You’ve got a mini mountain of debt staring you in the face every time you check your bank account, but you’ve also got a savings account you’d do anything to bulk up. When a surplus of cash suddenly hits, it’s a financial fork in the road: Should you pay off debt or save? The answer, according to Jennifer Barrett, chief education officer at Acorns, a site dedicated to helping you bolster your bottom line, is less complicated than you think.
What to Prioritize All Comes Down to Your Interest Rate
When determining whether to pay off debt first or save, the first step is to get crystal clear on how much you owe, explains Barrett. But that requires more than a peek at your balance. You need to calculate how much you’re paying in interest on that debt, then try to get that interest rate down as much as you can.
“Credit card debt can carry an annual interest rate of 16 percent—which is the current average—or more,” Barrett says. “High interest rates can significantly add to what you owe and make it harder to pay off, especially if you’re only making minimum payments.”
Once you have a reasonable interest rate (i.e. you’re not accumulating more debt than you’re paying off every month), you’re in a better position to allocate funds to debt and savings at the same time.
Bottom line: When deciding what to prioritize—debt vs. savings—paying off high-interest debts should always come first.
How to Whittle High Interest Debt Faster
Barrett recommends making a significant dent in high-interest credit card debt by transferring a high-interest balance to a low-interest (or, short-term, no interest) card through a balance transfer offer.
But you can also call your credit card issuer directly and negotiate a lower rate to keep your balance there versus transferring it. (Just make sure you do your homework and have a balance transfer offer you’ve vetted ready—meaning you’ve done the math on any fees—so you can push them to match it.)
Keep in mind: Your credit card score is also a major factor if you want to lock in a better interest rate.
Once You’ve Reduced Your Interest Rate, Pay Off Debt *and* Save
Now’s the moment to decide the fate of that sudden surplus. Per Barrett, once you’ve negotiated and gotten your interest rates down as much as you can, your goal should be to pay off outstanding debts as quickly as you can. That said, it’s smart to save and invest a little at the same time. “This way, you’re not putting in all that effort just to get to zero. As you pay down your debt, you also have money you’re putting away that’s growing. In other words, you have interest working for you, not just against you with your debt.”
But saving doesn’t have to be complicated. It’s as simple as contributing to any employer-sponsored plan like a 401(k) and taking advantage of any employer match program. (“That’s free money, especially if they have a 100 percent match!” Barrett says.) Don’t have access to a 401(k) through your employer? Consult your bank about opening up an IRA. (For 2020 and 2021, the max annual contribution is currently $6,000 or $7,000 if you’re age 50 or older.)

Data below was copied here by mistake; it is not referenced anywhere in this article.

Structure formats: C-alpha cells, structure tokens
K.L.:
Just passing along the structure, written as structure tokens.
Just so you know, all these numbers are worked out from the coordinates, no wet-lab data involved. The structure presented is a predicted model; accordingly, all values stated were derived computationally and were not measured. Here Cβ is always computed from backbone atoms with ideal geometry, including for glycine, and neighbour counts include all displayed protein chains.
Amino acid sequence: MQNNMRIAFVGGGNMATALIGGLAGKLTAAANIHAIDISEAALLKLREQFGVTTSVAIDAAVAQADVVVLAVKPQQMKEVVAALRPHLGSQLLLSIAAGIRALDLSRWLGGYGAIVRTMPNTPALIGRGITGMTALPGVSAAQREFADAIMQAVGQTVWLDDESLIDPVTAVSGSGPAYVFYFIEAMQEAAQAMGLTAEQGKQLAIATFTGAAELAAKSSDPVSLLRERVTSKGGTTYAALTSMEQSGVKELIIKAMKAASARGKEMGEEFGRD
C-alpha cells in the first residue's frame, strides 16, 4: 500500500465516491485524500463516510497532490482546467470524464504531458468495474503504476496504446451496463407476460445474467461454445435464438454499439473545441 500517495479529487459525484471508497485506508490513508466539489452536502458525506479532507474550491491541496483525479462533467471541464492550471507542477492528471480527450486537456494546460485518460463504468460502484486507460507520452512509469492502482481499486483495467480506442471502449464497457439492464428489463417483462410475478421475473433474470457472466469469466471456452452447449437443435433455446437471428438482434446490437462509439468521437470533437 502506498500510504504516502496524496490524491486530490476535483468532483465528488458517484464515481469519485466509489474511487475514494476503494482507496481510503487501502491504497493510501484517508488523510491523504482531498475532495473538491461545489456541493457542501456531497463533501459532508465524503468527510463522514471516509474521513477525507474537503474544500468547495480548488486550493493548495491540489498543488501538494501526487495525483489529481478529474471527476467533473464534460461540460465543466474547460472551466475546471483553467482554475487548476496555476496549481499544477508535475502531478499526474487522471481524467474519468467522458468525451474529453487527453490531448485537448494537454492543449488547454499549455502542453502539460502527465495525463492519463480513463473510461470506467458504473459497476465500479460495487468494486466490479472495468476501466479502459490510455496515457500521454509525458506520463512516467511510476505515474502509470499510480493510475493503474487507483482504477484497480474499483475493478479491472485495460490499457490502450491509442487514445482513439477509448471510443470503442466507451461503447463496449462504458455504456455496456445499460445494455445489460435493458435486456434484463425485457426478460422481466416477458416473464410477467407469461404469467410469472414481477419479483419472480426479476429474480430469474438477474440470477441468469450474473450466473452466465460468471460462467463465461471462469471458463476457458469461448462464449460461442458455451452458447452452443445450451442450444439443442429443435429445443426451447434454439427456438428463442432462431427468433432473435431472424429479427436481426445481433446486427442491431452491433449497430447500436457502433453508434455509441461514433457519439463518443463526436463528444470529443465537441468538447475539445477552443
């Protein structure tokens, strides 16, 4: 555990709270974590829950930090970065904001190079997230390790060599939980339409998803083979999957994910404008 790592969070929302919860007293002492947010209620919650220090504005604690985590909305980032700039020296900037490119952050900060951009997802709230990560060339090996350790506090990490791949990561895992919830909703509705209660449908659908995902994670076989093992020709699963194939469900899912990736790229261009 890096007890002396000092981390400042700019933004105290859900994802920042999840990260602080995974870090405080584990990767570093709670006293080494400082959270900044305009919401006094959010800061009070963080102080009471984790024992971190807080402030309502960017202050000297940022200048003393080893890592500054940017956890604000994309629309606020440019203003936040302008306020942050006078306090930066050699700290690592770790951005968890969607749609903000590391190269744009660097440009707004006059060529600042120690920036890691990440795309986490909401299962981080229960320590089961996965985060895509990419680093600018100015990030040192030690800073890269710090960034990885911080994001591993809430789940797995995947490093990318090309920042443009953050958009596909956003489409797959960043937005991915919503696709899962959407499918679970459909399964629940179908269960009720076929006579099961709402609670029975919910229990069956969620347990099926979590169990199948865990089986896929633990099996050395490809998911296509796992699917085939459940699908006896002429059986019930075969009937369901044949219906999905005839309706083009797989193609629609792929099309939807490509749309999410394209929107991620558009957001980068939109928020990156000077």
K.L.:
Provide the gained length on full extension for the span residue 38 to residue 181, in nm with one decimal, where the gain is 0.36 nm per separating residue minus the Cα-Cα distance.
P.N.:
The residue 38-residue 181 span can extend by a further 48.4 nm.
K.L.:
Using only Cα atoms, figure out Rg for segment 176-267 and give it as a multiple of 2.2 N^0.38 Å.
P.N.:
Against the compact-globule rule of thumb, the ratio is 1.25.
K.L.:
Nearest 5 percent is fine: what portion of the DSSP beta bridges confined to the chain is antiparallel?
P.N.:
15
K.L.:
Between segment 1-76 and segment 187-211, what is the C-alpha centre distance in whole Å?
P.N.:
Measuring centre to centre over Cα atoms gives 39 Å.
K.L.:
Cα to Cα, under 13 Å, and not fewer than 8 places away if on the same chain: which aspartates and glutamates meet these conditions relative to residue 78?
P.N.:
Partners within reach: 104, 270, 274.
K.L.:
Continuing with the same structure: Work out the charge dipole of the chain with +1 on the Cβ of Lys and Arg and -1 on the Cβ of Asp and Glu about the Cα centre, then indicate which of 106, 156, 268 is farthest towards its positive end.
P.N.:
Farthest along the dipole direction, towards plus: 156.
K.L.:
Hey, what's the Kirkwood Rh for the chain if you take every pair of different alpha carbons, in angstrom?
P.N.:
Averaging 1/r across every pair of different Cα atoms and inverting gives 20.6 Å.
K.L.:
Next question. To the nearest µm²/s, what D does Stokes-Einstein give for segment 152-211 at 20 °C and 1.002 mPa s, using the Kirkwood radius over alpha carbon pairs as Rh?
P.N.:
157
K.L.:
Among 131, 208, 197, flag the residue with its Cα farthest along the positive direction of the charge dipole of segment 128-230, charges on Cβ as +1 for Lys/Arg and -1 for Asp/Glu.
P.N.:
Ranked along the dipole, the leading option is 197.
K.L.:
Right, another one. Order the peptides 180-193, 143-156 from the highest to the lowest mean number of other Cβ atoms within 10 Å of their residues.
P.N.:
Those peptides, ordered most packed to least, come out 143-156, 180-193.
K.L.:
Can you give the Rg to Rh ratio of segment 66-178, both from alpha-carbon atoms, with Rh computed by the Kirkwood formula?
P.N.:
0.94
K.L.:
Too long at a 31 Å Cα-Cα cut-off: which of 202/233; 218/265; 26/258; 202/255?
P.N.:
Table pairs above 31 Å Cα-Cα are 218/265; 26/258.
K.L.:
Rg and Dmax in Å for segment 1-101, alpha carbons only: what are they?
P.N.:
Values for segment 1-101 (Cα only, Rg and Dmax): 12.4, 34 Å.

You can also prioritize building your emergency savings and investing a little bit, too. “Paying down expensive debt—should be the priority, but there’s value in getting in the habit of regularly saving and investing some of your paycheck as well.” Even if you can only set aside $25 a month to savings, it’s something. As the debt is paid off, you can increase the amount you’re saving and investing, which gives you a real head start on building your net worth once your debt is gone.
How to Prioritize Debt vs. Saving in a Pandemic Year
The pandemic has reminded everyone of the importance of having some savings, especially when the future is entirely unpredictable. “We went from a booming economy to a dramatic downturn in less than a month,” Barrett says. “This experience underscores for us all the importance of having a cushion to get you through those down times.”
Of course, your approach to whether to pay off debt or save during COVID-19 comes down to how this year has affected you personally. “If you’ve lost a job or you’ve seen your income drop and you’re struggling to cover your bills, it’s more a matter of making sure that you don’t fall behind with your debt payments as you look to replace your lost income,” Barrett explains.
In other words, you want to do what you can to continue making that minimum payment on high-interest debt every month. If you can’t, your best bet is to reach out directly to your debt issuer and explain your situation and your intent to pay down that debt. You may be able to negotiate a lower interest rate, given the extremely extenuating circumstances of this year, and a payment play to stay on track and avoid any long-term damage to your credit, says Barrett.